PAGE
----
Departing from St Pancras, the quickest journey of the bunch takes just over an hour to whisk you to Calais, France, with the longest coming in at 940 minutes (15 hours and 40 minutes) to Perugia in Italy, with changes in Paris and Milan.
Factoring in the time spent schlepping to the airport and waiting in the terminal, the impact on the environment and all the other downsides of flying, like baggage fees and cramped cabins, train travel begins to look pretty favourable. Take Paris, for example: you’re looking at three hours to find your way there from London by train, while flying is just shy of five hours. It’s a similar story for Brussels: it takes just over two and a half hours by train, and almost five hours by plane.
Many of the 124 cities require a few changes, but 12 cities can be reached on one direct train. These include Amsterdam, Lyon (in summer) and Rotterdam, and all take under five and a half hours from London. On the other hand, as the furthest east point you can reach in a single day, Slovakia’s capital Bratislava takes 14 hours and 29 minutes to get to, with stops in Brussels, Frankfurt, Munich and Vienna. And the most northerly city you can get to in one day, Aarhus in Denmark, takes 15 hours and 9 minutes, with changes in Amsterdam, Osnabrück, Hamburg and Flensburg.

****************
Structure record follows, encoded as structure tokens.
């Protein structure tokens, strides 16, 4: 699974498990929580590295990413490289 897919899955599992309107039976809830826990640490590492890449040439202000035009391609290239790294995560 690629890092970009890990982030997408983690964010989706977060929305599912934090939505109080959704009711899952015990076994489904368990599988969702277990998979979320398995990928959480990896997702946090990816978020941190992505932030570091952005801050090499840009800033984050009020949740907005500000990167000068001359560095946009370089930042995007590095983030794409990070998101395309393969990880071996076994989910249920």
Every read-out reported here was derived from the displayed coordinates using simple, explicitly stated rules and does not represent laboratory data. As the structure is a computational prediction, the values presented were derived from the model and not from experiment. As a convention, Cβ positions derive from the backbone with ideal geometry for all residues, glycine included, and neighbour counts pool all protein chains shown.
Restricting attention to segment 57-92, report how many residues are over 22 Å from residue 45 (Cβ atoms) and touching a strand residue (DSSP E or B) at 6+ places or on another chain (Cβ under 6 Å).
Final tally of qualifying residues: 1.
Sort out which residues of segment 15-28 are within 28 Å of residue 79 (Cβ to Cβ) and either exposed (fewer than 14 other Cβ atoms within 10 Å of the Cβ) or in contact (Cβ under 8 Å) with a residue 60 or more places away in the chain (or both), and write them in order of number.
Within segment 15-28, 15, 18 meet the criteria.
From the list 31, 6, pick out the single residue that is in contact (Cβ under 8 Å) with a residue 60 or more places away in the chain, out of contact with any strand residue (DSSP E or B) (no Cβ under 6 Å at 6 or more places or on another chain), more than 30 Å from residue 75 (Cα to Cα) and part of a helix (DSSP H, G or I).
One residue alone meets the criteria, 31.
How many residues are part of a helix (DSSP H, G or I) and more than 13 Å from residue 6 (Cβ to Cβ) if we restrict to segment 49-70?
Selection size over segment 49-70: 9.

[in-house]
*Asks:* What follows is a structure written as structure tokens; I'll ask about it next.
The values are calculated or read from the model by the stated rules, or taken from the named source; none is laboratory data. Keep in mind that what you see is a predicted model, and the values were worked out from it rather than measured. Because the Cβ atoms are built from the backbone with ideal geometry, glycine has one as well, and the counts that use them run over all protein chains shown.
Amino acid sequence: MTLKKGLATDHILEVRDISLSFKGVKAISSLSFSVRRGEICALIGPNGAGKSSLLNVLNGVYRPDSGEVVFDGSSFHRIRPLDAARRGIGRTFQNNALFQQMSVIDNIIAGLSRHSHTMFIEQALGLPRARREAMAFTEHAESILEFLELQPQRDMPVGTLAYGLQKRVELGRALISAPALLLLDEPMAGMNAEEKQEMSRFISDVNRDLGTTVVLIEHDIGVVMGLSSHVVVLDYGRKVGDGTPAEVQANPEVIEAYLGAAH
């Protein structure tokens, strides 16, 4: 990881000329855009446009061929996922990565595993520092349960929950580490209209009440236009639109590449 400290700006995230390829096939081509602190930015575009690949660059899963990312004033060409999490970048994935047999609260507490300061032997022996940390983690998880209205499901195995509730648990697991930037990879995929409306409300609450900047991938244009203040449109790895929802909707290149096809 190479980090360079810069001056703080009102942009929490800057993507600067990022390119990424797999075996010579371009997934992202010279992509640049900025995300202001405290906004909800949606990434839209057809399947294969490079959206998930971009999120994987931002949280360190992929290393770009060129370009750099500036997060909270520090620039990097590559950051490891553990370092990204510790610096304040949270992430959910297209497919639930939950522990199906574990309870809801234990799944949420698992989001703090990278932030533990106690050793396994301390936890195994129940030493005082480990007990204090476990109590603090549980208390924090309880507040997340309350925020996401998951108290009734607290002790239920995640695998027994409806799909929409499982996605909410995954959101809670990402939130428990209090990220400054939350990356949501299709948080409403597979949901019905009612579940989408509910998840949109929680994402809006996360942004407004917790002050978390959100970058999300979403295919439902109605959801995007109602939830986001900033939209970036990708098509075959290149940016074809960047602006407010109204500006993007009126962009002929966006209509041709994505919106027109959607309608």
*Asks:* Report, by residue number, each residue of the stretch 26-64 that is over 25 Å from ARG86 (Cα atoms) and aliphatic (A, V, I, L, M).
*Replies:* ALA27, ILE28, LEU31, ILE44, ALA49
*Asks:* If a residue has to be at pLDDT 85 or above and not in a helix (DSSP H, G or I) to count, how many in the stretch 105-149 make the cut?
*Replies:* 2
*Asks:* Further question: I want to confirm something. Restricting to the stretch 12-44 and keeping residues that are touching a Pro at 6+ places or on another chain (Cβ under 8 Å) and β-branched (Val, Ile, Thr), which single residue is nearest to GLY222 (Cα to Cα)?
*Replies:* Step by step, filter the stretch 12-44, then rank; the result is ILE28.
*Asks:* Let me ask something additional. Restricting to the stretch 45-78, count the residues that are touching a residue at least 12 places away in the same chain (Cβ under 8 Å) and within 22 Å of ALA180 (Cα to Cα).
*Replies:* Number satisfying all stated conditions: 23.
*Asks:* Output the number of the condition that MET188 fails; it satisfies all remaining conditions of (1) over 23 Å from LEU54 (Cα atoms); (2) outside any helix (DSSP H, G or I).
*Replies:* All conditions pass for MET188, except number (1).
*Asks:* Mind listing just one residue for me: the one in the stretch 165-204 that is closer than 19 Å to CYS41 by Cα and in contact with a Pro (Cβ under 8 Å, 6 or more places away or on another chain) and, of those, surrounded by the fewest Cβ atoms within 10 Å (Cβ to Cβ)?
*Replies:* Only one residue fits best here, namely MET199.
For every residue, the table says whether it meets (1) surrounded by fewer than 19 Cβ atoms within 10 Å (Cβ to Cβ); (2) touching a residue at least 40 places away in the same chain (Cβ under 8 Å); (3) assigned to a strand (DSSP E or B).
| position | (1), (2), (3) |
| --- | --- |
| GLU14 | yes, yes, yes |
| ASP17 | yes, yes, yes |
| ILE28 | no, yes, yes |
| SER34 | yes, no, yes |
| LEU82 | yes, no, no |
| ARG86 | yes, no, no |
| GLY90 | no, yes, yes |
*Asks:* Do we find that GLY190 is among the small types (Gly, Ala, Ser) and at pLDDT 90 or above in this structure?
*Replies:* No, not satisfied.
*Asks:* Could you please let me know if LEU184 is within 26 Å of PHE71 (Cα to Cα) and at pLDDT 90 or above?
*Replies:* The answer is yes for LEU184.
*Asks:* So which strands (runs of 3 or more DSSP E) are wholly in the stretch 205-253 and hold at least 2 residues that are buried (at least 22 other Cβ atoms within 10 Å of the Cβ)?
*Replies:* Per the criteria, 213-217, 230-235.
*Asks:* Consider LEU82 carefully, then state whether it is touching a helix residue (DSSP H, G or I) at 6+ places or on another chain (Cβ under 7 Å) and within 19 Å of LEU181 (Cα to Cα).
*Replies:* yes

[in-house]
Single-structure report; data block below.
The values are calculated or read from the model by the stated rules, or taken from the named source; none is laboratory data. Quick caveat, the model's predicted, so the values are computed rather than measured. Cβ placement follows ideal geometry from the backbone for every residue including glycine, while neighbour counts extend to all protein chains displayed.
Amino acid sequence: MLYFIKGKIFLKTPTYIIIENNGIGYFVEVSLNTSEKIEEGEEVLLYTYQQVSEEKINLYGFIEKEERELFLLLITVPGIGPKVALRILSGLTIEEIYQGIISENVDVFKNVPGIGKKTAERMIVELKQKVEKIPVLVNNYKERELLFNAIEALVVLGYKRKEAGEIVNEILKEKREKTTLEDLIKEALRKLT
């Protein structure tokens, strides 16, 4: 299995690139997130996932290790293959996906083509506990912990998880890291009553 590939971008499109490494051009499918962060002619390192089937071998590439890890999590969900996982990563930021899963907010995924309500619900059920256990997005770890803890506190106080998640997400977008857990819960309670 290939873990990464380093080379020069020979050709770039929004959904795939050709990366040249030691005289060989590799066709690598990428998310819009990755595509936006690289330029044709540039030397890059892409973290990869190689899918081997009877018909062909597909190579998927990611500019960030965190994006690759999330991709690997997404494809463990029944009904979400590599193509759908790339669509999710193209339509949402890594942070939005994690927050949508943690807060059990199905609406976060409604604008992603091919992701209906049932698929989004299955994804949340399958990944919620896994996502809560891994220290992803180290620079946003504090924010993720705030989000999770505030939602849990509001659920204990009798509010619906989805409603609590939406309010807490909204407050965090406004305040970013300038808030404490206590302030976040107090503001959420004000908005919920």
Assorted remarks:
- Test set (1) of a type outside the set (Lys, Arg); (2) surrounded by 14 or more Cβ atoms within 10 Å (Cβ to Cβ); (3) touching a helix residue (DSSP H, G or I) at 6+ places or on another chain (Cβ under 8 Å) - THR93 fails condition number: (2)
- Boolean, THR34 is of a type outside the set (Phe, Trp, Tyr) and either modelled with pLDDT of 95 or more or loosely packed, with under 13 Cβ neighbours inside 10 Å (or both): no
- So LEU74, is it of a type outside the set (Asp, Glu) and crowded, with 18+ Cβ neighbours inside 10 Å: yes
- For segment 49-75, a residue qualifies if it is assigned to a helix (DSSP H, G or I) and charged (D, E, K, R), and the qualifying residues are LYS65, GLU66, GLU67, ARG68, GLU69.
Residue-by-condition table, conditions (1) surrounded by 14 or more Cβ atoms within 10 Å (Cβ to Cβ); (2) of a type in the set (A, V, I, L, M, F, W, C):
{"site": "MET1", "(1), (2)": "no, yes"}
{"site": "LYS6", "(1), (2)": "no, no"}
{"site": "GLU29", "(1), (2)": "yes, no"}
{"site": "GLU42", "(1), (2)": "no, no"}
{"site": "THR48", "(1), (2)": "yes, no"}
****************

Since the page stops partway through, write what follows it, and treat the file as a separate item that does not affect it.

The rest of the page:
When you bring carbon dioxide emissions into the mix, the numbers do the talking. Flying to Paris emits 91 percent more pollution than hopping on a train, while the difference is 85 percent to get to Nice, and 80 percent to get to Amsterdam. This is feel-good travel in every sense.